If you’ve been hunting for a car high and low and have decided that nothing in your immediate vicinity fits your needs, you may be considering looking out of state for the perfect used vehicle. You may have even seen the recent report out of CarGurus.com that made the argument that you can get a better deal by shopping somewhere like Miami instead of shopping in Fresno. But, before you go jumping over state lines for your next car, there are a few things you should know about buying out of state.
First know that you are going to need to do just as much research, if not more, to ensure that the car you are buying is in good shape and worth the added hassle of buying out of state. You’ll need to follow all the steps we outlined in our piece on how to find the right car for you:
To ensure your potential new car is right for you, you'll either have to completely trust the person on the other end of the transaction or have a trusted friend or family member in the area who can take care of the nitty-gritty details that need to happen in person:
If you do decide to make the trip out to see a potential new used car, be sure that you do all of your research about that particular car first.
It’s crucial to do the legwork before you hop on a flight or decide to take a road trip to see your potential new car. Also, realize that a seller could potentially sell the car before you even get there. Get the private seller or dealer to agree, in writing, to not sell the car you want until you get out there. Be aware that even asking a seller or dealer to do that, could scuttle the deal immediately.
Next, it’s important to know what exactly you’re getting into in terms of registering and transferring the title of a car you purchase out of state.
First, know that emissions requirements in each state can differ dramatically. In general, all states that make up the west coast have the strictest smog laws as well as:
These states adopt the emissions standards of CARB (California Air Resources Board). Each state has different model year requirements so you need to ensure that you do your research on the state you’ll be registering the new-to-you car in before you go trucking it over.
In some cases, it may not be possible to have a car that passed emissions in a state like Texas, pass emissions in a place like California, without a hefty financial investment in the car.
By the model year 2016, the entire country will have to adhere to CARB emissions standards as well. The best way to find out what your home state emission requirements are is to check with your DMV site. They’ll have clear outlines of the details of the requirements.
You should also pay close attention to tax collection and fees in the state you will be registering the car in. Here’s where the math on “saving money by buying out of state” gets tricky.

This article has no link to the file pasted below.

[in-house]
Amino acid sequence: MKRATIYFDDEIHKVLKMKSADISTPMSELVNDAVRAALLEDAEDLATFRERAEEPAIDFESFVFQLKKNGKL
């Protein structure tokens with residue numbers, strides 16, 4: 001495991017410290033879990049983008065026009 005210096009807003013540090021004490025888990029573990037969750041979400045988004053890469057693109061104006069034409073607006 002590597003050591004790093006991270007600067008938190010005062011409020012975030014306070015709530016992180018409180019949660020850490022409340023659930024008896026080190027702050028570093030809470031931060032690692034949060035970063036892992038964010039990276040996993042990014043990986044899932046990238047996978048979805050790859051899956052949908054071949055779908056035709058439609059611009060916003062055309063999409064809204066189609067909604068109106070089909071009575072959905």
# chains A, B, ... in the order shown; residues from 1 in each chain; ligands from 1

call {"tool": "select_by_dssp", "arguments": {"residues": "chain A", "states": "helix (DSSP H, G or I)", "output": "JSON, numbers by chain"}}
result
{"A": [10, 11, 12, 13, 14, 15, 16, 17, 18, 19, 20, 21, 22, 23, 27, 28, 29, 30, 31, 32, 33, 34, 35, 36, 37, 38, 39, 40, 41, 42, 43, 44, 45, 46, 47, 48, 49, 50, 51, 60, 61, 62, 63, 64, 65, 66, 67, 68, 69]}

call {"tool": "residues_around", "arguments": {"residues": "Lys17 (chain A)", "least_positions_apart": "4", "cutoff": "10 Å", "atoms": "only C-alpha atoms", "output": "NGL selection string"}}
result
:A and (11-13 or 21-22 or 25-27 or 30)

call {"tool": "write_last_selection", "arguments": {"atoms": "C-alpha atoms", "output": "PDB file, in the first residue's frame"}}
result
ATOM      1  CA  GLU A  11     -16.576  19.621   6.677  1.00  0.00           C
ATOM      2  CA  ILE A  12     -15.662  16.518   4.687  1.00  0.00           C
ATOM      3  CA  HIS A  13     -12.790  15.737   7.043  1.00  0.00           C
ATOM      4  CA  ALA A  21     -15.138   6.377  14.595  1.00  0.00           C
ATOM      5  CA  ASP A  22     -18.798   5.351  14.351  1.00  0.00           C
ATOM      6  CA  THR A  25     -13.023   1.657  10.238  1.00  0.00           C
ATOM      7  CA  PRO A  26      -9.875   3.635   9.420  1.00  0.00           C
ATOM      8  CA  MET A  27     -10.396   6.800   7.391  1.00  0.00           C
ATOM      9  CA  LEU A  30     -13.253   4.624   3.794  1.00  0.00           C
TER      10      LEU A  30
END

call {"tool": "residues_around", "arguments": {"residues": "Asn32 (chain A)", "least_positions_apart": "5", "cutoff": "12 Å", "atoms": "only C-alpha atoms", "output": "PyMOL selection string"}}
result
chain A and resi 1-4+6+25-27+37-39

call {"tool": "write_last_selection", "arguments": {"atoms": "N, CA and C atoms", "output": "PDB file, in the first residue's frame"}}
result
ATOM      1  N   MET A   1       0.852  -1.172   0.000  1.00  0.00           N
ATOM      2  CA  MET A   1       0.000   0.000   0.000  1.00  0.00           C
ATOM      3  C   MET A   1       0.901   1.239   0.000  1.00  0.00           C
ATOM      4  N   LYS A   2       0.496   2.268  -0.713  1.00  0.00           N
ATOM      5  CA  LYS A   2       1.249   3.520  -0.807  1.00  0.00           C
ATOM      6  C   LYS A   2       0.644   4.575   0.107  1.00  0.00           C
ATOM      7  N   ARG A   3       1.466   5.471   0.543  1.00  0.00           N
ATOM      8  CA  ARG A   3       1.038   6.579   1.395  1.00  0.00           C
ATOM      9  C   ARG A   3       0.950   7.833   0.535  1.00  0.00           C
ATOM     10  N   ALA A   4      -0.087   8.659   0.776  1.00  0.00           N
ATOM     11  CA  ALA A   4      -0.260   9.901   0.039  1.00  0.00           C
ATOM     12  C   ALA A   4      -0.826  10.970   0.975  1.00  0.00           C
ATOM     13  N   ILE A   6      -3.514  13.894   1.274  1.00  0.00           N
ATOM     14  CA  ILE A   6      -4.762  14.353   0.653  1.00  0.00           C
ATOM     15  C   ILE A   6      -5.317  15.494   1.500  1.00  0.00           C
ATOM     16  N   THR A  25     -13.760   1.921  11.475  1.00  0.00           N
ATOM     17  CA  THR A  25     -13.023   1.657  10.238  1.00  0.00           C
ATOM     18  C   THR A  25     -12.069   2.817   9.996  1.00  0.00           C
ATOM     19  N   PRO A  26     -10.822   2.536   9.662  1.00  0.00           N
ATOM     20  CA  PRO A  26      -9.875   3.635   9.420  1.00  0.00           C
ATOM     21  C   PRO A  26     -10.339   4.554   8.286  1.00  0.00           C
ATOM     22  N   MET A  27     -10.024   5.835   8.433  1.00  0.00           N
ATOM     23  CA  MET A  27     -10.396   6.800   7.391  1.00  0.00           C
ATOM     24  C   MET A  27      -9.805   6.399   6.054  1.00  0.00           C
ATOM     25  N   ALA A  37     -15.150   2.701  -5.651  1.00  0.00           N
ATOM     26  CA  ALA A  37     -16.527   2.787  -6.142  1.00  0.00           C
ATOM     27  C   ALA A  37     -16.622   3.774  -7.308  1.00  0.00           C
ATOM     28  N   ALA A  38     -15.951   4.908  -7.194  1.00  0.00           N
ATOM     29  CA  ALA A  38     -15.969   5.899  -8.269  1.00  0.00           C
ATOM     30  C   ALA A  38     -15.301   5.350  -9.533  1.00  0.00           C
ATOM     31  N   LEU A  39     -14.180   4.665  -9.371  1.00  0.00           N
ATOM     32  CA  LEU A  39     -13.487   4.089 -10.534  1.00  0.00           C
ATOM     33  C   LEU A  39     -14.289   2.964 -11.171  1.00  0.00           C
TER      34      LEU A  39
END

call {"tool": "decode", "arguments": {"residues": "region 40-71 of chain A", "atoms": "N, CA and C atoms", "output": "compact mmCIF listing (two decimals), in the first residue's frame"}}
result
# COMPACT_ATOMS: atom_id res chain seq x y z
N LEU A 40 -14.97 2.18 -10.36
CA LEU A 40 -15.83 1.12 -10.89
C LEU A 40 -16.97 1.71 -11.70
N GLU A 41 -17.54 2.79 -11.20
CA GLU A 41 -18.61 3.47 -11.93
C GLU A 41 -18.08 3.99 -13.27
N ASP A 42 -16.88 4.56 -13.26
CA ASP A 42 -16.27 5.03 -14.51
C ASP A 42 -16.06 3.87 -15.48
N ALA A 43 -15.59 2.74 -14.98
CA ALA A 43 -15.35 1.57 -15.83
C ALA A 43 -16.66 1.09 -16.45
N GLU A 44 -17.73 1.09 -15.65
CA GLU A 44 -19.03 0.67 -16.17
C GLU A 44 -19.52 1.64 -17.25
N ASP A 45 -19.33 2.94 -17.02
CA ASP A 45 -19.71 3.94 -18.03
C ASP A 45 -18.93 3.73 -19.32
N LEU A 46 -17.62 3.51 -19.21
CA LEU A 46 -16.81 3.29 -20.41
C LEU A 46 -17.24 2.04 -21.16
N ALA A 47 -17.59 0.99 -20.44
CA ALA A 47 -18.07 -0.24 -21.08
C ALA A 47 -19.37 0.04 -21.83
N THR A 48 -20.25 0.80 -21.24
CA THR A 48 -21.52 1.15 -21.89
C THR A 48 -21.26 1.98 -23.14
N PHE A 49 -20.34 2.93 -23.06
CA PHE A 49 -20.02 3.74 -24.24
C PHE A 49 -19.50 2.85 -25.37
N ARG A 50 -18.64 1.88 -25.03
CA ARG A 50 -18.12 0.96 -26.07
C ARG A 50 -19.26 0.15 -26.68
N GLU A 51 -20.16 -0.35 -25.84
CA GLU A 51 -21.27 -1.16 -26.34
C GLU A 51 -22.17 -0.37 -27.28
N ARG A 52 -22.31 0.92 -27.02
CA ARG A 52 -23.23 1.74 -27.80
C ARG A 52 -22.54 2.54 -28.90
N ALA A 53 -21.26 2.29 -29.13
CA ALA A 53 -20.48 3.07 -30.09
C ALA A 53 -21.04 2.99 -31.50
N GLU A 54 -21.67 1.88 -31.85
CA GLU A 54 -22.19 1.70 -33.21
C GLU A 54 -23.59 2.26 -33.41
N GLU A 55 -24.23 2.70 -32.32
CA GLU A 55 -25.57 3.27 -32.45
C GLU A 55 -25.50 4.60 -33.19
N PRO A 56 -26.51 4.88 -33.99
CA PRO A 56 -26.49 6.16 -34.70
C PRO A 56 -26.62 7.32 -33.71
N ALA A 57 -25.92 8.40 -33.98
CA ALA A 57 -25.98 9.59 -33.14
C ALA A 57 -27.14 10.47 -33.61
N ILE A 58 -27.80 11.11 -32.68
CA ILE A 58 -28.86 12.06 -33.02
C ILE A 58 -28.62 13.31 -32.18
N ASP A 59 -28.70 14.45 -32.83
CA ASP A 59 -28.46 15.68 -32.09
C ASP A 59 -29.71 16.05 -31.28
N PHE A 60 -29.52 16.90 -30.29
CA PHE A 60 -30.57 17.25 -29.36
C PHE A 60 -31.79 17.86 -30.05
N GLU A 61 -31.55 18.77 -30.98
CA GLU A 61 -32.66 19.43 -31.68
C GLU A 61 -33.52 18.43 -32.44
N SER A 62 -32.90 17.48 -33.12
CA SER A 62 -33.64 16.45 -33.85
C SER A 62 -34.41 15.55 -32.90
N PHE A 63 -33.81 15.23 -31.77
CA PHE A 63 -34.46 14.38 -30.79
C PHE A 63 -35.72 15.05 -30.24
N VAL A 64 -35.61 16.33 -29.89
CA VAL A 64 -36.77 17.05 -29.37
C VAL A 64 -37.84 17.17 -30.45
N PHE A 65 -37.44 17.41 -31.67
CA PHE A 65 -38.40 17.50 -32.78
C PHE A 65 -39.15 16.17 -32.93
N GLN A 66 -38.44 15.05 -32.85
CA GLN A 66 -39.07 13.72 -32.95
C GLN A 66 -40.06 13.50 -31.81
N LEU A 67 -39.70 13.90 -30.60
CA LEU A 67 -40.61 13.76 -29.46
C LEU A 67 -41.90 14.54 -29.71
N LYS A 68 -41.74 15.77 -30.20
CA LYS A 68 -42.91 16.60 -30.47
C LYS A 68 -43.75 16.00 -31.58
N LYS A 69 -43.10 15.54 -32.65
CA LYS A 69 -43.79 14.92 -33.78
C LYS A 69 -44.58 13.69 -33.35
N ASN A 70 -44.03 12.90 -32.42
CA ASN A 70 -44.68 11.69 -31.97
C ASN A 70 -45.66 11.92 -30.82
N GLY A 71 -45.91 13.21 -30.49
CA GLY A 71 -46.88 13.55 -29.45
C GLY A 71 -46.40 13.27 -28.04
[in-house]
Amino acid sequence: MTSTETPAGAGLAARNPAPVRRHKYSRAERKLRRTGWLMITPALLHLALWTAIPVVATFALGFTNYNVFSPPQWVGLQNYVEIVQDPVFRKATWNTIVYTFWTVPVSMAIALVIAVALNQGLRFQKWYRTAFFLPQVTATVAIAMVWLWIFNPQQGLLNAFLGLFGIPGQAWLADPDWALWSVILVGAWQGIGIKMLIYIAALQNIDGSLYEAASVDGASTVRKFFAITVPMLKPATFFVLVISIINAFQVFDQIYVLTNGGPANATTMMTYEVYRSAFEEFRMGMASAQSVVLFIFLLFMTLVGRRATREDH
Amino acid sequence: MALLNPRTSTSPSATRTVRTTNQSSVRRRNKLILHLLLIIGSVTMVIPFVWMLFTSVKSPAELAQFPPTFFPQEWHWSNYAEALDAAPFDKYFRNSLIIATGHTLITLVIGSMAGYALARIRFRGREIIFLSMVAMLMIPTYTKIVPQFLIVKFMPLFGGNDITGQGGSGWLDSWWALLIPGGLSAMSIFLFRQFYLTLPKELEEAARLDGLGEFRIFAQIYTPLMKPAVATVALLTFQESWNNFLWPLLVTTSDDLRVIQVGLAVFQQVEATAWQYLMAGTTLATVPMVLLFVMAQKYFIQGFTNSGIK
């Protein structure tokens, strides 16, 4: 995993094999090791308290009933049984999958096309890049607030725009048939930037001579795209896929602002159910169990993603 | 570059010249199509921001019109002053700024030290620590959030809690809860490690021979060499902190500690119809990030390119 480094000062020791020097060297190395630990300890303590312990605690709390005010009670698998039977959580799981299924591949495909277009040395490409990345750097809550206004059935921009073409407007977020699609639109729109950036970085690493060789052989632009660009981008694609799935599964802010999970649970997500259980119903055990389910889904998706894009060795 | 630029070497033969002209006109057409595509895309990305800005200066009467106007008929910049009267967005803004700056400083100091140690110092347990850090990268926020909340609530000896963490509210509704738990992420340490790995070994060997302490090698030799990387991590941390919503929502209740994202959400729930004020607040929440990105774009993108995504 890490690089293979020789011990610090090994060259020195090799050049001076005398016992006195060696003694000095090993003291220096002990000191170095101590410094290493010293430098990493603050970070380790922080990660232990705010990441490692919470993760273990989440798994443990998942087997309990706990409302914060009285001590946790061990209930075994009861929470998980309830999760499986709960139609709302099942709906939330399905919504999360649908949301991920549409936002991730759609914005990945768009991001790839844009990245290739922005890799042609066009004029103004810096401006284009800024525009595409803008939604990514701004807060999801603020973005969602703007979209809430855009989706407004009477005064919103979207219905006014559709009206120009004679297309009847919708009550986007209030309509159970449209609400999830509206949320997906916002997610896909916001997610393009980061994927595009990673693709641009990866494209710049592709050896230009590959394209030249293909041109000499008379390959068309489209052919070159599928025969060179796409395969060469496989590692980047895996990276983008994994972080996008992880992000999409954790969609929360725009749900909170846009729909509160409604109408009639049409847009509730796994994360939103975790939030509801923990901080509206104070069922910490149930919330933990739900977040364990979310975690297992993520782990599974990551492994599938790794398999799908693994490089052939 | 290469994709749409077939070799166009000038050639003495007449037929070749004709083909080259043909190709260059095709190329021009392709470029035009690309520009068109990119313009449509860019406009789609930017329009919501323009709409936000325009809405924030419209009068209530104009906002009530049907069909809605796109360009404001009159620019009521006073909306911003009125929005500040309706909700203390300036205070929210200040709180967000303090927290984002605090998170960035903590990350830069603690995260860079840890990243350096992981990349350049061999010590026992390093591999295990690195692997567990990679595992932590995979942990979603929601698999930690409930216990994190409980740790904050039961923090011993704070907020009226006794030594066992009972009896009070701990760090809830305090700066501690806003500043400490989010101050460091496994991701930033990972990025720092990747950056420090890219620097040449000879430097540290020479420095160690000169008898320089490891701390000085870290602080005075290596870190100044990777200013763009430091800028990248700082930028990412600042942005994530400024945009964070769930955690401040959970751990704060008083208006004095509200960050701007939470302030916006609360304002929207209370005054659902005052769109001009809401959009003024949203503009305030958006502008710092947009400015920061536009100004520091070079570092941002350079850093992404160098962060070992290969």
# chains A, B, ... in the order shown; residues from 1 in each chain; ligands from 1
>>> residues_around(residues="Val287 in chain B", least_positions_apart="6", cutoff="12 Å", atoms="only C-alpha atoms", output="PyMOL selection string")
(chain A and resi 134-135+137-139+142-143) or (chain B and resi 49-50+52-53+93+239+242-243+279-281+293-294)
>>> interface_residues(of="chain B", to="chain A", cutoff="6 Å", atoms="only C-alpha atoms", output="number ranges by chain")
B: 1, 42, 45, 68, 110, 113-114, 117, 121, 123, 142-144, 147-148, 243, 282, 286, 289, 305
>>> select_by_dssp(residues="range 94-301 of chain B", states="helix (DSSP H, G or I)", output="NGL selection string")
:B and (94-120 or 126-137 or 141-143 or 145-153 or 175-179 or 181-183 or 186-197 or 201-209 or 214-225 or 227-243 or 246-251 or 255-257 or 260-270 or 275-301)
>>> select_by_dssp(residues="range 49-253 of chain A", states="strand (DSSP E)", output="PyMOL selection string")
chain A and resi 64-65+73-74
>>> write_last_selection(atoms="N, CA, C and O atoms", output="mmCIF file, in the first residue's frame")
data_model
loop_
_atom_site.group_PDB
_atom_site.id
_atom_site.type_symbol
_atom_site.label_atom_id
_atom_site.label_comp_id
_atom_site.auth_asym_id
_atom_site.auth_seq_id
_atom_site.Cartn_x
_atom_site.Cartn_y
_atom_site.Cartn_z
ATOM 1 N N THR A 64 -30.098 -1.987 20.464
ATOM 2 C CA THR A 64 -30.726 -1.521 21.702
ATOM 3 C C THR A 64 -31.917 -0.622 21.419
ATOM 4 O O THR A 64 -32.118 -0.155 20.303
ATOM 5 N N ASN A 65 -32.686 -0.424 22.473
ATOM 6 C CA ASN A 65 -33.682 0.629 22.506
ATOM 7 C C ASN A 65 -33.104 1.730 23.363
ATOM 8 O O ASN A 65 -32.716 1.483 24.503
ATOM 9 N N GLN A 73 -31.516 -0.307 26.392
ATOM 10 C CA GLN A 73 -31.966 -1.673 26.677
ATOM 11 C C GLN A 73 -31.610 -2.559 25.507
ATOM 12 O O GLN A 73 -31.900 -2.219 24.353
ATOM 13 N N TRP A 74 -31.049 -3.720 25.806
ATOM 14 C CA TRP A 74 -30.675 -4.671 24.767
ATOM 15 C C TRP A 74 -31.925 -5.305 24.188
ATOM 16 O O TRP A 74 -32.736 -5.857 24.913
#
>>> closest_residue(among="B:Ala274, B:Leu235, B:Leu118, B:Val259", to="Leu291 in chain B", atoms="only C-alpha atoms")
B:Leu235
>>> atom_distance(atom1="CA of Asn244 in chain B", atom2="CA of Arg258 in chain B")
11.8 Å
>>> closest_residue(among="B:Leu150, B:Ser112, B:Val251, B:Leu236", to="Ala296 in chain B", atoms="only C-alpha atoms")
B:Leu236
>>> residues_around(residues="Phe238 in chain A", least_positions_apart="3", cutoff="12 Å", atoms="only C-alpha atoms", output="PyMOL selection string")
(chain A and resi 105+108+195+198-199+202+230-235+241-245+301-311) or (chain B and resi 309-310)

Know that you have to pay sales tax based on where you register the car. Not based on where you buy it. Sales tax is always calculated on the purchase price listed on the bill of sale and is a percentage of that price.
It may not necessarily save you cash to buy out of state if your state has a high sales tax. Do your homework before signing on the bottom line to ensure you are, in fact, saving money by going over state lines.
Finally, you’ll need to handle the dicey issue of temporary registration of the used car. If you’re buying from a dealer they should handle the temporary registration for you to get your new baby home.
If you are buying from a private party, however, you’ll need to handle the temporary registration issue yourself. First, you’ll need to get the signed title from the owner to prove that you own the car. Second, you also may need proof that the car has passed a smog test in the state you are buying it in to show that it could pass smog in your state as well.
There are processes for getting a temporary registration for a used car in your state and you should research these before committing to buying a car from across state lines if you plan to be able to legally drive it in or even to, your home state. You’ll also be dealing with a deadline.
Once you take possession of the car, and the signed and dated title, you have a specific period of time to get the car registered and titled in your name and in your state. Check with your local DMV to find out what that timeline looks like and whether or not it’s realistic for you.
Some sites out there would have you think that it’s super easy to buy a car from another state and get it registered and titled in your own state. While it’s certainly not impossible, there are a number of higher hurdles you’ll have to clear before being able to legally drive your new wheels in your home state. Remember, registering a used car could require extra smog checks, emissions checks, and potentially pricey fixes for cars that don’t pass state requirements.
For more on used car buying, check back for more car buying tips.
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